- ^ a b Murphy, Carrie (24 January 2018). "The Husband Stitch Isn't Just a Horrifying Childbirth Myth". Healthline. Archived from the original on 2 February 2018. Retrieved 2 February 2018.
- ^ "Le point du mari, un vrai scandale ? - Elle". elle.fr (in French). 2014-06-24. Retrieved 2023-03-10.
- ^ "Derrière le « point du mari », le traumatisme de l'épisiotomie". Le Monde.fr (in French). 2014-04-18. Retrieved 2023-03-10.
- ^ Hartmann, Katherine; Viswanathan, Meera; Palmieri, Rachel; Gartlehner, Gerald; Thorp, John; Lohr, Kathleen N. (2005-05-04). "Outcomes of Routine EpisiotomyA Systematic Review". JAMA. 293 (17): 2141–2148. doi:10.1001/jama.293.17.2141. ISSN 0098-7484. PMID 15870418.
- ^ "Selective versus routine use of episiotomy for vaginal birth". www.cochrane.org. Retrieved 2023-03-10.
- ^ Halton, Mary (26 April 2018). "The 'Husband Stitch' Leaves Women in Pain and Without Answers". Vice.
- ^ "The 'Husband Stitch' during episiotomy repair is a disturbing reality for many new mothers | The Independent". Independent.co.uk. 2018-02-07. Archived from the original on 2018-02-07. Retrieved 2023-03-10.
- ^ "Is 'the husband stitch' a medical myth? Women speak out about their experience". Yahoo Life. Retrieved 2023-03-10.
- ^ "Understanding the pain behind the 'husband stitch'". Thred Website. 2023-01-17. Retrieved 2023-03-10.
- ^ Mezaguer, Louhann; auteurs-louhann_mezaguer (2021-11-26). "Point du mari : tout savoir sur cette mutilation gynécologique faite à l'insu des femmes en post-partum pour favoriser le plaisir de l'homme". Grazia (in French). Retrieved 2023-03-10.
- ^ "Derrière le « point du mari », le traumatisme de l'épisiotomie". Le Monde.fr (in French). 2014-04-18. Retrieved 2023-03-10.
- ^ Dobbeleir, Julie M. L. C. L.; Landuyt, Koenraad Van; Monstrey, Stan J. (May 2011). "Aesthetic Surgery of the Female Genitalia". Seminars in Plastic Surgery. 25 (2): 130–141. doi:10.1055/s-0031-1281482. ISSN 1535-2188. PMC 3312147. PMID 22547970.
- ^ Diniz, Simone G; Chacham, Alessandra S (2004-01-01). ""The Cut Above" and "the Cut Below": The Abuse of Caesareans and Episiotomy in São Paulo, Brazil". Reproductive Health Matters. 12 (23): 100–110. doi:10.1016/S0968-8080(04)23112-3. ISSN 0968-8080. PMID 15242215. S2CID 25469154.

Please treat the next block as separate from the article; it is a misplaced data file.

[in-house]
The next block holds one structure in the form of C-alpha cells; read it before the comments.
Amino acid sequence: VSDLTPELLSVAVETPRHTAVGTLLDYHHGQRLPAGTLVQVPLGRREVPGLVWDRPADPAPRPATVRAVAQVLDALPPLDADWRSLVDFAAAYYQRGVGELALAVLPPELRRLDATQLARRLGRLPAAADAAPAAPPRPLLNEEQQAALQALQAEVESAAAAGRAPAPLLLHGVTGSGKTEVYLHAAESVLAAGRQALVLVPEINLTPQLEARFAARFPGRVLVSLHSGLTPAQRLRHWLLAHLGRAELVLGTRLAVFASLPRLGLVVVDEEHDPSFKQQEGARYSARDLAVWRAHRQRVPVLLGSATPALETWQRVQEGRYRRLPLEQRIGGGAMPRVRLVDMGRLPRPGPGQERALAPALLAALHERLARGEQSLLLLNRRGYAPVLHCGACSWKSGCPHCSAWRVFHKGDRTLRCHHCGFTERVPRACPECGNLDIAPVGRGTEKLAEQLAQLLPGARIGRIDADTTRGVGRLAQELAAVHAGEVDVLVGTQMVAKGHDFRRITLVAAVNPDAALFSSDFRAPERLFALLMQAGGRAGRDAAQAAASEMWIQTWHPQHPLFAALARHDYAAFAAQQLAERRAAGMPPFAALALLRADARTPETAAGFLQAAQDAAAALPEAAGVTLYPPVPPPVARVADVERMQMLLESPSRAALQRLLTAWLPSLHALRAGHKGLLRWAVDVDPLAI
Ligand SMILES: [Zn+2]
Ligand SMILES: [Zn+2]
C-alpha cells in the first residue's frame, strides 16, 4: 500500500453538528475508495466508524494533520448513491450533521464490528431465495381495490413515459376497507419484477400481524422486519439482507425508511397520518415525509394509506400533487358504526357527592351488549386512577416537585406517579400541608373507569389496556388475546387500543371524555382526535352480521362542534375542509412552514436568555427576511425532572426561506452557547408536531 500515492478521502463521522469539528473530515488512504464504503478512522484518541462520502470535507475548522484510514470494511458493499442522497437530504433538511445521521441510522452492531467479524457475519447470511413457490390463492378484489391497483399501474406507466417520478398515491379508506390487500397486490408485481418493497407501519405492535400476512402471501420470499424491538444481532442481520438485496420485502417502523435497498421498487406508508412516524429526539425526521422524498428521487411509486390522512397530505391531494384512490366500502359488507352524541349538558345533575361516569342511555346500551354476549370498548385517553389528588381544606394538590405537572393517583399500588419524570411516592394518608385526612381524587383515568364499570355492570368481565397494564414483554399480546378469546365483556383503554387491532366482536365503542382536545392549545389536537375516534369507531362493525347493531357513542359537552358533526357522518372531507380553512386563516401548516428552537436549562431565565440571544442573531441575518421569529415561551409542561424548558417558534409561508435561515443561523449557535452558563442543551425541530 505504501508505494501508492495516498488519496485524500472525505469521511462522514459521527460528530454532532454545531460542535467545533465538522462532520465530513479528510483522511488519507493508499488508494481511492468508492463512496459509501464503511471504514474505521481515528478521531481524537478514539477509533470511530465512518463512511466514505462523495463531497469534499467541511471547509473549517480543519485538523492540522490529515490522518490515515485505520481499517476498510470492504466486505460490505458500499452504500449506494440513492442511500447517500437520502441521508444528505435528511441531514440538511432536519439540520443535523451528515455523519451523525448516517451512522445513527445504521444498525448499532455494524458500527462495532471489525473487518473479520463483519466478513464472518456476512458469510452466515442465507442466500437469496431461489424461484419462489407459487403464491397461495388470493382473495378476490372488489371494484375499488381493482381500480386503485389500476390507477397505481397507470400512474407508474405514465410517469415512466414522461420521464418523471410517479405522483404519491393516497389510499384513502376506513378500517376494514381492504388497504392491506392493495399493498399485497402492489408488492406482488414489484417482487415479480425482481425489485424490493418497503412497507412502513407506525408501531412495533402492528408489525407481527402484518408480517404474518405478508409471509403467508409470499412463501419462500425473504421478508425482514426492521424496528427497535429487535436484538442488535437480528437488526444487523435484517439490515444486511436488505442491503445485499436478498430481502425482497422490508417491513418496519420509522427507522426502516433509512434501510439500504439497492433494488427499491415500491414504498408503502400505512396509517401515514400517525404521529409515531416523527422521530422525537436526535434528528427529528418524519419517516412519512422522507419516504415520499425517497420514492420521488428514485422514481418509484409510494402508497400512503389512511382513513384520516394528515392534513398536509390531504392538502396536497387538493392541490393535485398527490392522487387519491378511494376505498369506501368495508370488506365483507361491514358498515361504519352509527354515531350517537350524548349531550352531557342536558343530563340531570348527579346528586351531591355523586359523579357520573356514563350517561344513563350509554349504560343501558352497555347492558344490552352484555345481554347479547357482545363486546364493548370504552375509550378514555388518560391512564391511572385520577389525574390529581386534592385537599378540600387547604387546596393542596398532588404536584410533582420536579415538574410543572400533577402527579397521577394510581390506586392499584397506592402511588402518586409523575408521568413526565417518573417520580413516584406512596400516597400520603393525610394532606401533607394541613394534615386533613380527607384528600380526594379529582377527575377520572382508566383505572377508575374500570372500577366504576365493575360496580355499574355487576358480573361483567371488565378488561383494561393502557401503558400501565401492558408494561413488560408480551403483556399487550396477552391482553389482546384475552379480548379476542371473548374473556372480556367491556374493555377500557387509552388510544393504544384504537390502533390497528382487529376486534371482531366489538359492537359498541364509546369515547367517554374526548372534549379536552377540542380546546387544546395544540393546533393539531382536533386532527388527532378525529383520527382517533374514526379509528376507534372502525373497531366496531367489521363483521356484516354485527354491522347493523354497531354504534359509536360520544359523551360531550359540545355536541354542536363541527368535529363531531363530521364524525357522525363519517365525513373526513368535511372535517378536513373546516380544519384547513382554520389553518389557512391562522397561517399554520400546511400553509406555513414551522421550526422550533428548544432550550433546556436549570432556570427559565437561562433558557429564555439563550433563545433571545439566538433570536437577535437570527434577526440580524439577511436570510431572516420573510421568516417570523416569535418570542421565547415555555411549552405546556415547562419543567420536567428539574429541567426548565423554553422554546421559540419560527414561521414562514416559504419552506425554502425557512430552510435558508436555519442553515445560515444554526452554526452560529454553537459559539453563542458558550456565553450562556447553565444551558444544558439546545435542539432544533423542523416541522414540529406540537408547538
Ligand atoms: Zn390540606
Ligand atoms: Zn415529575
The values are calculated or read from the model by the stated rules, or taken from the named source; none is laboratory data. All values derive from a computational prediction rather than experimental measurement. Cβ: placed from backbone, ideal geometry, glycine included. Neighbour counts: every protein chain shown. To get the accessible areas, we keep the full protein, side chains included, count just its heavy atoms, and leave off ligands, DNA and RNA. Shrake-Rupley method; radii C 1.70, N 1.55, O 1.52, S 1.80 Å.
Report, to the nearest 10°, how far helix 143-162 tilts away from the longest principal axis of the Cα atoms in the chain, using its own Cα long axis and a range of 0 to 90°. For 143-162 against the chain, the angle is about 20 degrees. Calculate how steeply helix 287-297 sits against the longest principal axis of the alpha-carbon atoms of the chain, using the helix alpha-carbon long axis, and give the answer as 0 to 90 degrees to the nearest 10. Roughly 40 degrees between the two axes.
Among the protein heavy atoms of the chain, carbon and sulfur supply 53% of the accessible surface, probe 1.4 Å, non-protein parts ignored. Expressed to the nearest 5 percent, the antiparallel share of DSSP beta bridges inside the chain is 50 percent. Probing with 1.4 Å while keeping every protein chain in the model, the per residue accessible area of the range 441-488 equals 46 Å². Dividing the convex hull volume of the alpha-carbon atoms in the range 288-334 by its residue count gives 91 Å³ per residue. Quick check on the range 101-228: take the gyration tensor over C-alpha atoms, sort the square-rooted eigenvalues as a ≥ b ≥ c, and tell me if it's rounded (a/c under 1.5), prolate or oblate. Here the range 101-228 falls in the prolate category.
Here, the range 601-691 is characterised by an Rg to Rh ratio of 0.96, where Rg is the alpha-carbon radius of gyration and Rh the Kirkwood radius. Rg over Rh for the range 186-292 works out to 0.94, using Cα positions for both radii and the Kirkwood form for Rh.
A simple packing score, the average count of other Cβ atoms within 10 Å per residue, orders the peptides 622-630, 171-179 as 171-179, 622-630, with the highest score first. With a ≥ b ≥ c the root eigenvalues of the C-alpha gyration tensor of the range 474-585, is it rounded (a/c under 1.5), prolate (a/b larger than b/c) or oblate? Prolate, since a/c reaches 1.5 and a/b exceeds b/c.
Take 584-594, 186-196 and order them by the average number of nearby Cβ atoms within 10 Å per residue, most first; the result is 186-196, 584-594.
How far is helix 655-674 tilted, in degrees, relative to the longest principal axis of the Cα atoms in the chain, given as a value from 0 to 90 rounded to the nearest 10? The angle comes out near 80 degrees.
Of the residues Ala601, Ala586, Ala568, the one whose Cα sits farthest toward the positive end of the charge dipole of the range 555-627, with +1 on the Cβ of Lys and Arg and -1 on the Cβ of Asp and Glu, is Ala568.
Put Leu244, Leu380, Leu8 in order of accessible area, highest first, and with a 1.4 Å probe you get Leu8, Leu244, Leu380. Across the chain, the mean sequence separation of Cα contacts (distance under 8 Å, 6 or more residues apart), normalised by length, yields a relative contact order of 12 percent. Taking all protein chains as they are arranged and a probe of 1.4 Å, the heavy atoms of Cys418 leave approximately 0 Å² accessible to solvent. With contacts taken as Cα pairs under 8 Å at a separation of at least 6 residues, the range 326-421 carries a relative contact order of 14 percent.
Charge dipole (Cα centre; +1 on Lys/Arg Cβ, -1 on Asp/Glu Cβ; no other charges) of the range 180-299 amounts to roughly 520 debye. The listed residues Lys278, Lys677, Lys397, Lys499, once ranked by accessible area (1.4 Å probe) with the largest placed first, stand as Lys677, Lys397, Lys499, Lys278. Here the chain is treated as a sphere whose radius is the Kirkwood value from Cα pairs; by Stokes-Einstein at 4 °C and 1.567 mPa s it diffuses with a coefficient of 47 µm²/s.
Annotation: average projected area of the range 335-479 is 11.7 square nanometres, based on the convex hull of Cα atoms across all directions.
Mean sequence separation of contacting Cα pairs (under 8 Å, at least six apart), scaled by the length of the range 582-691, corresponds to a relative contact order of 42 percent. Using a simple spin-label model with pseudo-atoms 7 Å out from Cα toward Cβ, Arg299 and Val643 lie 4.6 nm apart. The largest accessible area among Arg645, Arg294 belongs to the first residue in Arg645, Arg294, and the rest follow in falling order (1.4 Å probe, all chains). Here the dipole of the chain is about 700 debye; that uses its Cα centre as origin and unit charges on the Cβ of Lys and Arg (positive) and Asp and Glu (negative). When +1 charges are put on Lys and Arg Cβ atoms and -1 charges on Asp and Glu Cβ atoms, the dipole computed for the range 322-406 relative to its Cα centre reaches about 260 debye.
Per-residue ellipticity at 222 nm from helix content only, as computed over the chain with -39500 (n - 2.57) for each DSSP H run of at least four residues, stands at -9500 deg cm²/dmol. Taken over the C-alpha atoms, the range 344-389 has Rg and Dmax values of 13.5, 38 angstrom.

- ^ Schantz, Clémence; Sim, Kruy Leang; Ly, Ek Meng; Barennes, Hubert; Sudaroth, So; Goyet, Sophie (May 2015). "Reasons for routine episiotomy: A mixed-methods study in a large maternity hospital in Phnom Penh, Cambodia". Reproductive Health Matters. 23 (45): 68–77. doi:10.1016/j.rhm.2015.06.012. ISSN 1460-9576. PMID 26278834. S2CID 23339273.
- ^ "The Husband Stitch Isn't Just a Horrifying Childbirth Myth". Healthline. 2018-01-24. Retrieved 2023-03-10.
- ^ Machado, Carmen Maria (28 October 2014). "The Husband Stitch". Granta. Archived from the original on 28 January 2018. Retrieved 2 February 2018.
- ^ "Make it Tighter: The Husband's Stitch". livewire.thewire.in. 2022-04-13. Retrieved 2023-01-30.
- ^ "Colin From Accounts Season 1 Episode 4 Recap". reelmockery.com. 2022-04-13. Retrieved 2022-12-15.
Braun, Virginia, and Celia Kitzinger. “The Perfectible Vagina: Size Matters.” Culture, Health & Sexuality, vol. 3, no. 3, 2001, pp. 263–277., https://doi.org/10.1080/13691050152484704.
Braun, V.; Wilkinson, S. (4 August 2010). "Socio-cultural representations of the vagina". Journal of Reproductive and Infant Psychology. 19 (1): 17–32. doi:10.1080/02646830020032374. S2CID 145198475.
Dobbeleir, Julie M.L.C.L., et al. “Aesthetic Surgery of the Female Genitalia.” Seminars in Plastic Surgery, vol. 25, no. 02, 2011, pp. 130–141., https://doi.org/10.1055/s-0031-1281482.
Green, Fiona J. (August 2005). "From clitoridectomies to 'designer vaginas': The medical construction of heteronormative female bodies and sexuality through female genital cutting". Sexualities, Evolution & Gender. 7 (2): 170. doi:10.1080/14616660500200223.
Mayra, K., Sandall, J., Matthews, Z. et al. Breaking the silence about obstetric violence: Body mapping women’s narratives of respect, disrespect and abuse during childbirth in Bihar, India. BMC Pregnancy Childbirth 22, 318 (2022). https://doi.org/10.1186/s12884-022-04503-7
Simone G Diniz, Alessandra S Chacham, “The Cut Above” and “the Cut Below”: The Abuse of Caesareans and Episiotomy in São Paulo, Brazil, Reproductive Health Matters, Volume 12, Issue 23, 2004, Pages 100-110, ISSN 0968-8080, https://doi.org/10.1016/S0968-8080(04)23112-3.
Zaami S, Stark M, Beck R, Malvasi A, Marinelli E. Does episiotomy always equate violence in obstetrics? Routine and selective episiotomy in obstetric practice and legal questions. Eur Rev Med Pharmacol Sci. 2019 Mar;23(5):1847-1854. doi: 10.26355/eurrev_201903_17219. PMID: 30915726.